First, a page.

Belfast Telegraph

Friday 22 August 2014

Attorney General John Larkin offers to take on bigger role at Stormont

John Larkin said the Attorney General could offer the Assembly a service 'from time to time'
John Larkin said the Attorney General could offer the Assembly a service 'from time to time'

The Attorney General has made a renewed offer to MLAs to allow him to play a fuller role in the Assembly.

John Larkin QC had previously offered to question witnesses on behalf of Stormont's justice committee in an investigation of a Belfast abortion clinic — but it was rejected by Stormont lawyers.

Yesterday, Mr Larkin (right) said legislation was passed in Westminster in 2002 covering a change which could see the chief law officer summoned for questions or other duties short of voting.

As the Assembly considers changing its procedures, Mr Larkin also cited Scotland's system where a Lord Advocate is a member of the Scottish government with full independence on taking prosecutions.

“A lot of this is very difficult and it is, for us at least, untried. And it is not that I am anxious to do more work than I have to in human terms,” he told a meeting of the Assembly's Procedures Committee.

“In relation to complex legal issues that might arise with bills, there is a service that the attorney can offer the Assembly, that the Assembly might well wish from time to time to avail of.”

The legislation was the Justice (Northern Ireland) Act 2002.

Mr Larkin has faced controversy in the past over his interpretation of his office’s role. Confidential legal advice given to the Justice Committee last year revealed that lawyers believed his offer to act as “counsel and questioner” for the committee as it investigated the Marie Stopes clinic in Belfast was not permitted by the Justice Act. Instead, he gave evidence on the criminal law relating to abortion behind closed doors.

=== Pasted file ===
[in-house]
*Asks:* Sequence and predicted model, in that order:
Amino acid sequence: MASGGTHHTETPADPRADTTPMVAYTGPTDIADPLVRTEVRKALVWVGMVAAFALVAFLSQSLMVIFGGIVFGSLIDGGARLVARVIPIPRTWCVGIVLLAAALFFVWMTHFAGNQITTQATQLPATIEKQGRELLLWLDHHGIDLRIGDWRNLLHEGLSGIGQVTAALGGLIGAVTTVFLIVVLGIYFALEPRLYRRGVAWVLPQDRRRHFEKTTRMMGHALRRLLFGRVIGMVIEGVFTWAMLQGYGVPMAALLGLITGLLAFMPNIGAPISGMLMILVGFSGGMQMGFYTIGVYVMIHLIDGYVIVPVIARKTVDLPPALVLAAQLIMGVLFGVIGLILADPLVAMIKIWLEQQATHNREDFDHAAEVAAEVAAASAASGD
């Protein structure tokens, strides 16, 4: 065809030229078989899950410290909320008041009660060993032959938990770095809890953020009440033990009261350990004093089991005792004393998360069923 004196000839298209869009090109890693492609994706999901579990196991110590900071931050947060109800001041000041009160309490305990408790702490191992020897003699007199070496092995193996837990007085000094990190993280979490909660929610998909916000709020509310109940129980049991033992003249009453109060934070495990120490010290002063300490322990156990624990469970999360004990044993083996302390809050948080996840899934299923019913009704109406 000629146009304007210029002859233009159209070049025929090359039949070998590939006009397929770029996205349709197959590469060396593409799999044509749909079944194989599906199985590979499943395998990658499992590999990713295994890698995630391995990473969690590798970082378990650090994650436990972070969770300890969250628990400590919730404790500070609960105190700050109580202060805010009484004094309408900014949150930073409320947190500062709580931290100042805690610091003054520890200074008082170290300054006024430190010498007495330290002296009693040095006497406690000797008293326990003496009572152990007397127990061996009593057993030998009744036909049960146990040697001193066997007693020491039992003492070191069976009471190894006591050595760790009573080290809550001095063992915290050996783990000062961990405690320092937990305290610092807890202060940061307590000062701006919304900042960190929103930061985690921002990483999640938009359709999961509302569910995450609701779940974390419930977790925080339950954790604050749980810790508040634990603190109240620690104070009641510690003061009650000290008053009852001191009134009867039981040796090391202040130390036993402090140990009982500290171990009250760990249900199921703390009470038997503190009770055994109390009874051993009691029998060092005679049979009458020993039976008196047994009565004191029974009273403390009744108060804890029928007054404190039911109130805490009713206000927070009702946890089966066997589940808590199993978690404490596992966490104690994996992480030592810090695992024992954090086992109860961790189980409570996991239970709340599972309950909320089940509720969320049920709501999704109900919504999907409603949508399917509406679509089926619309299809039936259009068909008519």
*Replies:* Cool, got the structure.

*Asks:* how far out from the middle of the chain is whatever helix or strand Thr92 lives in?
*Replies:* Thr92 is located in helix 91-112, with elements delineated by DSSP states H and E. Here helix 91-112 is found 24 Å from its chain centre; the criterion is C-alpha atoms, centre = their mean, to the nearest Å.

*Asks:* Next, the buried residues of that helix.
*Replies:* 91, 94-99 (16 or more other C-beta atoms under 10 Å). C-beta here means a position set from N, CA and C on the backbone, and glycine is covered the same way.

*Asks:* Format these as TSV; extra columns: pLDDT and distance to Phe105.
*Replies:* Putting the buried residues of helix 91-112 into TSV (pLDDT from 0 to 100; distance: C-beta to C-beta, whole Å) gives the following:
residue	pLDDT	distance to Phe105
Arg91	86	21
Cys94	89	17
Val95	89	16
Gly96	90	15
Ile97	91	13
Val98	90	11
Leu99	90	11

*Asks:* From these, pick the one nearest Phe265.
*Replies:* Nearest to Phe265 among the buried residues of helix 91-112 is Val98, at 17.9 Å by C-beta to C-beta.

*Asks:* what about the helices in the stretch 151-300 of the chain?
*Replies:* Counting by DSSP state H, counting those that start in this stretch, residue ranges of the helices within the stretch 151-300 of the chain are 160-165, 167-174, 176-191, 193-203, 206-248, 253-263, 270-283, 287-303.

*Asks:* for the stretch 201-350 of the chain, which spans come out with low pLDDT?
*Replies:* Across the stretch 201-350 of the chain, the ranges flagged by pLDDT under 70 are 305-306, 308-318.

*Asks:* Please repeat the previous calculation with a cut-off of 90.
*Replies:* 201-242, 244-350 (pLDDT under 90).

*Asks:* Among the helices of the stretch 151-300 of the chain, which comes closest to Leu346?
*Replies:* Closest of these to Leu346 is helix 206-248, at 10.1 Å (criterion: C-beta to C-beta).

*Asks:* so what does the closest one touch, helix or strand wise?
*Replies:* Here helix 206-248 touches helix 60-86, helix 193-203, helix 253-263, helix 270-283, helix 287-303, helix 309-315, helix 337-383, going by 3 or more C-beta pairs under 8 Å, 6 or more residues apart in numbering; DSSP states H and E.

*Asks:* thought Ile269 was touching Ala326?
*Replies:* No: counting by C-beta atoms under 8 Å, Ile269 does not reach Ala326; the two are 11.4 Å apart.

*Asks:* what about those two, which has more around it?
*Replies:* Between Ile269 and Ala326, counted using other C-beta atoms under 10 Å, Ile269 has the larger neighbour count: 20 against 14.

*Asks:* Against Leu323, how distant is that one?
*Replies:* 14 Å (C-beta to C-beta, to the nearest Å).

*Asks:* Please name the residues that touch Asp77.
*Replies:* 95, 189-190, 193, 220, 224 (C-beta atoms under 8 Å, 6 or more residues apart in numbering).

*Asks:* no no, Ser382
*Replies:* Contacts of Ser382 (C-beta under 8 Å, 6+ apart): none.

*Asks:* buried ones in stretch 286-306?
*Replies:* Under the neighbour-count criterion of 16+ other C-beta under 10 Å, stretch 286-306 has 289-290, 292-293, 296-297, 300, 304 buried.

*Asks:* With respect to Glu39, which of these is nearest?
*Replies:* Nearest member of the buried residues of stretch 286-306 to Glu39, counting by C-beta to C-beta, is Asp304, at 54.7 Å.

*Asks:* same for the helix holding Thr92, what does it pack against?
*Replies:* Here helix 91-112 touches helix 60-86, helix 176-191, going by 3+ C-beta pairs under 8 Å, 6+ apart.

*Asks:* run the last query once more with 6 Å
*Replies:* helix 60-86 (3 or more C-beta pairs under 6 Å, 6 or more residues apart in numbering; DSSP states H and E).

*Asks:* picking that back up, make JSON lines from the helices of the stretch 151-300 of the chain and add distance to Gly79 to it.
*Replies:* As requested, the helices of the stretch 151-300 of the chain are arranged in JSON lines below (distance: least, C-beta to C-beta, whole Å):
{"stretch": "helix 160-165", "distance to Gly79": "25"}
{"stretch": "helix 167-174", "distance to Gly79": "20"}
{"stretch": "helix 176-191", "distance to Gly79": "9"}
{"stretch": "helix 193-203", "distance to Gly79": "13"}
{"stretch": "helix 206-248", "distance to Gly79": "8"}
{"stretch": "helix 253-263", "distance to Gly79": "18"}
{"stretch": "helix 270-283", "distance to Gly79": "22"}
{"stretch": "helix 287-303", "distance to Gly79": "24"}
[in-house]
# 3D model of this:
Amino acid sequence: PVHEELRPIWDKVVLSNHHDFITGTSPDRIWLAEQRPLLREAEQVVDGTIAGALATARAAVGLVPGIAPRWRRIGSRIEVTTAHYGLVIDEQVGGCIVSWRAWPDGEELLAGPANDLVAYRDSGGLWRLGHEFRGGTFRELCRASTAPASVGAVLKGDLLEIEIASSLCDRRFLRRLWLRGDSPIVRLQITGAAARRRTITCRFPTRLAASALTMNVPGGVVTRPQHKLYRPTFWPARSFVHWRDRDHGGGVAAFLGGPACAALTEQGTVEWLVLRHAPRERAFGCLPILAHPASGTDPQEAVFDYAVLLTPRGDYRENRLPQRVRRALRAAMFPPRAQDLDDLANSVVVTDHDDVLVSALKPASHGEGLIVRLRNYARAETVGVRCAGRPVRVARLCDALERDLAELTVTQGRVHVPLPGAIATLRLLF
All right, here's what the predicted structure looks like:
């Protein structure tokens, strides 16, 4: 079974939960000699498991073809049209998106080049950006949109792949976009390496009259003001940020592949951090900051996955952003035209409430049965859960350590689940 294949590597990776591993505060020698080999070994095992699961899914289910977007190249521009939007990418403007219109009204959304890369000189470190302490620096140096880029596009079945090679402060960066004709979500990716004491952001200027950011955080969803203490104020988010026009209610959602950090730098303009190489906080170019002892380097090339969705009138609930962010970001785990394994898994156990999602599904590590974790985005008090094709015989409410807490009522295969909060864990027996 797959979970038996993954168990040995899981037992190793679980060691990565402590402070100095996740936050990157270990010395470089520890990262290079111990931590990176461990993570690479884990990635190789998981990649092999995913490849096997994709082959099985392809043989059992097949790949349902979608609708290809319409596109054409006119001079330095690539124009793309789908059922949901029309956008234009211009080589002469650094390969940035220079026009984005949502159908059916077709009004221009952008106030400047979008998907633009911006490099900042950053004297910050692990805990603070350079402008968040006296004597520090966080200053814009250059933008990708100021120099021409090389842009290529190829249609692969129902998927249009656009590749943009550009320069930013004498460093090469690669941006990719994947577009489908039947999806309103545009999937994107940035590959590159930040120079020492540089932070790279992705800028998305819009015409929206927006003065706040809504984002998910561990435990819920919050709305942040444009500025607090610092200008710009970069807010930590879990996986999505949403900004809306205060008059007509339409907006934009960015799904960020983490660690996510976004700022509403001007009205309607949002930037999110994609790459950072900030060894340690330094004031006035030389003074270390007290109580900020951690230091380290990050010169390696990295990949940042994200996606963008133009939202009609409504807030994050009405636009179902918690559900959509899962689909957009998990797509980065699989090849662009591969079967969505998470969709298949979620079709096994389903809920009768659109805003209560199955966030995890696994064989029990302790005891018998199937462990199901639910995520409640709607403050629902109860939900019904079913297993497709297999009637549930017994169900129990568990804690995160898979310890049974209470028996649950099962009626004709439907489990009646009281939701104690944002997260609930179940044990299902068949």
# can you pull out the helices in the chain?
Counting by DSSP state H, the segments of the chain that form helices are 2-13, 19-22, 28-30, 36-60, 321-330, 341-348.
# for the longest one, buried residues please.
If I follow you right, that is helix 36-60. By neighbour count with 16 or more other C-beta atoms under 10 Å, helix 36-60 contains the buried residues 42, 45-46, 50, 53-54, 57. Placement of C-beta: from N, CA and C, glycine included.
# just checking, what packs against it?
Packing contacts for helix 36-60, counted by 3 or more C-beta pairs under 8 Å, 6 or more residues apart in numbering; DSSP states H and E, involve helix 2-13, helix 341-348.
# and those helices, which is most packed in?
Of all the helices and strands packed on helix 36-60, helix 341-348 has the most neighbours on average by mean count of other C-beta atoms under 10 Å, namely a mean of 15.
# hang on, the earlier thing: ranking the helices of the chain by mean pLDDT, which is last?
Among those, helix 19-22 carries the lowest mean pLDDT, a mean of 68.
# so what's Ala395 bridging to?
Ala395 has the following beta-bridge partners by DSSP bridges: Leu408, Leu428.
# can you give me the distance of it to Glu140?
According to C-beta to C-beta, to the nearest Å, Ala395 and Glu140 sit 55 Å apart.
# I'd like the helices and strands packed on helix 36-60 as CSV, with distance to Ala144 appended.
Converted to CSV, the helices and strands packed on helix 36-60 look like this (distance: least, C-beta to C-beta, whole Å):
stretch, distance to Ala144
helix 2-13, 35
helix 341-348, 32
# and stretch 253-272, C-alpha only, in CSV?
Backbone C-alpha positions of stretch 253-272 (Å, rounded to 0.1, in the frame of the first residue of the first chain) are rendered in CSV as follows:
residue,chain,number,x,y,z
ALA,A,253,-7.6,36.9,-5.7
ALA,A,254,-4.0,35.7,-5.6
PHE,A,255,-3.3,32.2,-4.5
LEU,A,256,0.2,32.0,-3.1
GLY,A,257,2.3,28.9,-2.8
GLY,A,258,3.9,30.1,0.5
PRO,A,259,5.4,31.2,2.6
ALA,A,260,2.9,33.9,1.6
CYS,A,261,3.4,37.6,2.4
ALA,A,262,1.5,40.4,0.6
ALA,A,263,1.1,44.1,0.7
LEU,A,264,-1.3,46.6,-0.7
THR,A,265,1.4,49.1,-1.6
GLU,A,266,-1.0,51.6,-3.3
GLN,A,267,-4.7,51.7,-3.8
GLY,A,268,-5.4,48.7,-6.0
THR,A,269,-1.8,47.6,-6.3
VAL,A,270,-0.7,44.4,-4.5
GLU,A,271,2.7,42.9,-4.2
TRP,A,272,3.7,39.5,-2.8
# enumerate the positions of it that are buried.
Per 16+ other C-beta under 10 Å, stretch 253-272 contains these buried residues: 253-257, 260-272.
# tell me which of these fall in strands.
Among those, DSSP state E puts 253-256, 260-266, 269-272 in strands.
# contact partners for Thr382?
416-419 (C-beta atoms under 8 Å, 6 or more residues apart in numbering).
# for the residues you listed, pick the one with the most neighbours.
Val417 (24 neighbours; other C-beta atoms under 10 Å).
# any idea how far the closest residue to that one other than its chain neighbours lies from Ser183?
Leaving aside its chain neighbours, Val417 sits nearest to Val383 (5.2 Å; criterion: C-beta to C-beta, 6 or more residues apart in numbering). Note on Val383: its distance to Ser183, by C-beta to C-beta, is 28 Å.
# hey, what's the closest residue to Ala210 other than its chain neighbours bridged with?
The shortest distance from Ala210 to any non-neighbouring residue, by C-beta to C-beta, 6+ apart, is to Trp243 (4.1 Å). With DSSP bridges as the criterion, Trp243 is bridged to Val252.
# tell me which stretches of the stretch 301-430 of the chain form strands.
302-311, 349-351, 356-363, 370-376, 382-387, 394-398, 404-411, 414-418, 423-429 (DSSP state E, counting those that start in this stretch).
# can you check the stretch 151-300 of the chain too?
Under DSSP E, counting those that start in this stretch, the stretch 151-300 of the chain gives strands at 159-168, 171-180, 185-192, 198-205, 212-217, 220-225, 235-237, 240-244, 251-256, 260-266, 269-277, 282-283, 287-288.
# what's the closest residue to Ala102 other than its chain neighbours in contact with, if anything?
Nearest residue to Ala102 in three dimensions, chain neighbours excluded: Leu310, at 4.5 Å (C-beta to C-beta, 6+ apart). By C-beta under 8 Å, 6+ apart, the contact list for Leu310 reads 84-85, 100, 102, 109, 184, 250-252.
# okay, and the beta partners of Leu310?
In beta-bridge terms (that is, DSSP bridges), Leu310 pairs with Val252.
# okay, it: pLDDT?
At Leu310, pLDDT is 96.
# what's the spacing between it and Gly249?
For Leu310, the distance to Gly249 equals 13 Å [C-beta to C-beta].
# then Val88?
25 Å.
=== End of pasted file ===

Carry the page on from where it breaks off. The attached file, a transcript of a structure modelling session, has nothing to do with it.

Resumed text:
The Attorney General is the principal legal adviser to the Executive ministers, but not to Assembly committees.

There are fears among ministers that taking part in committees could compromise his independence.

Mr Larkin added he would have to be careful to stick to matters of law rather than policy. He used Jim Allister's special advisers bill as an example.

“I have a view on the law of that following amendments made to it. But on the policy, and whether it is a good thing or bad thing, I would not have expected to be drawn into a debate about the merits of the bill,” he said.

Story so far

Attorney General John Larkin has been at the centre of several media storms in recent months, from accusations that he resurrected an obscure law to embroil Peter Hain in a contempt case, to his warning to Brussels over the consequences of a gay Austrian couple's adoption battle. His offer to question witnesses at a Justice Committee probe into Northern Ireland’s first abortion clinic was declined after legal advice last November.

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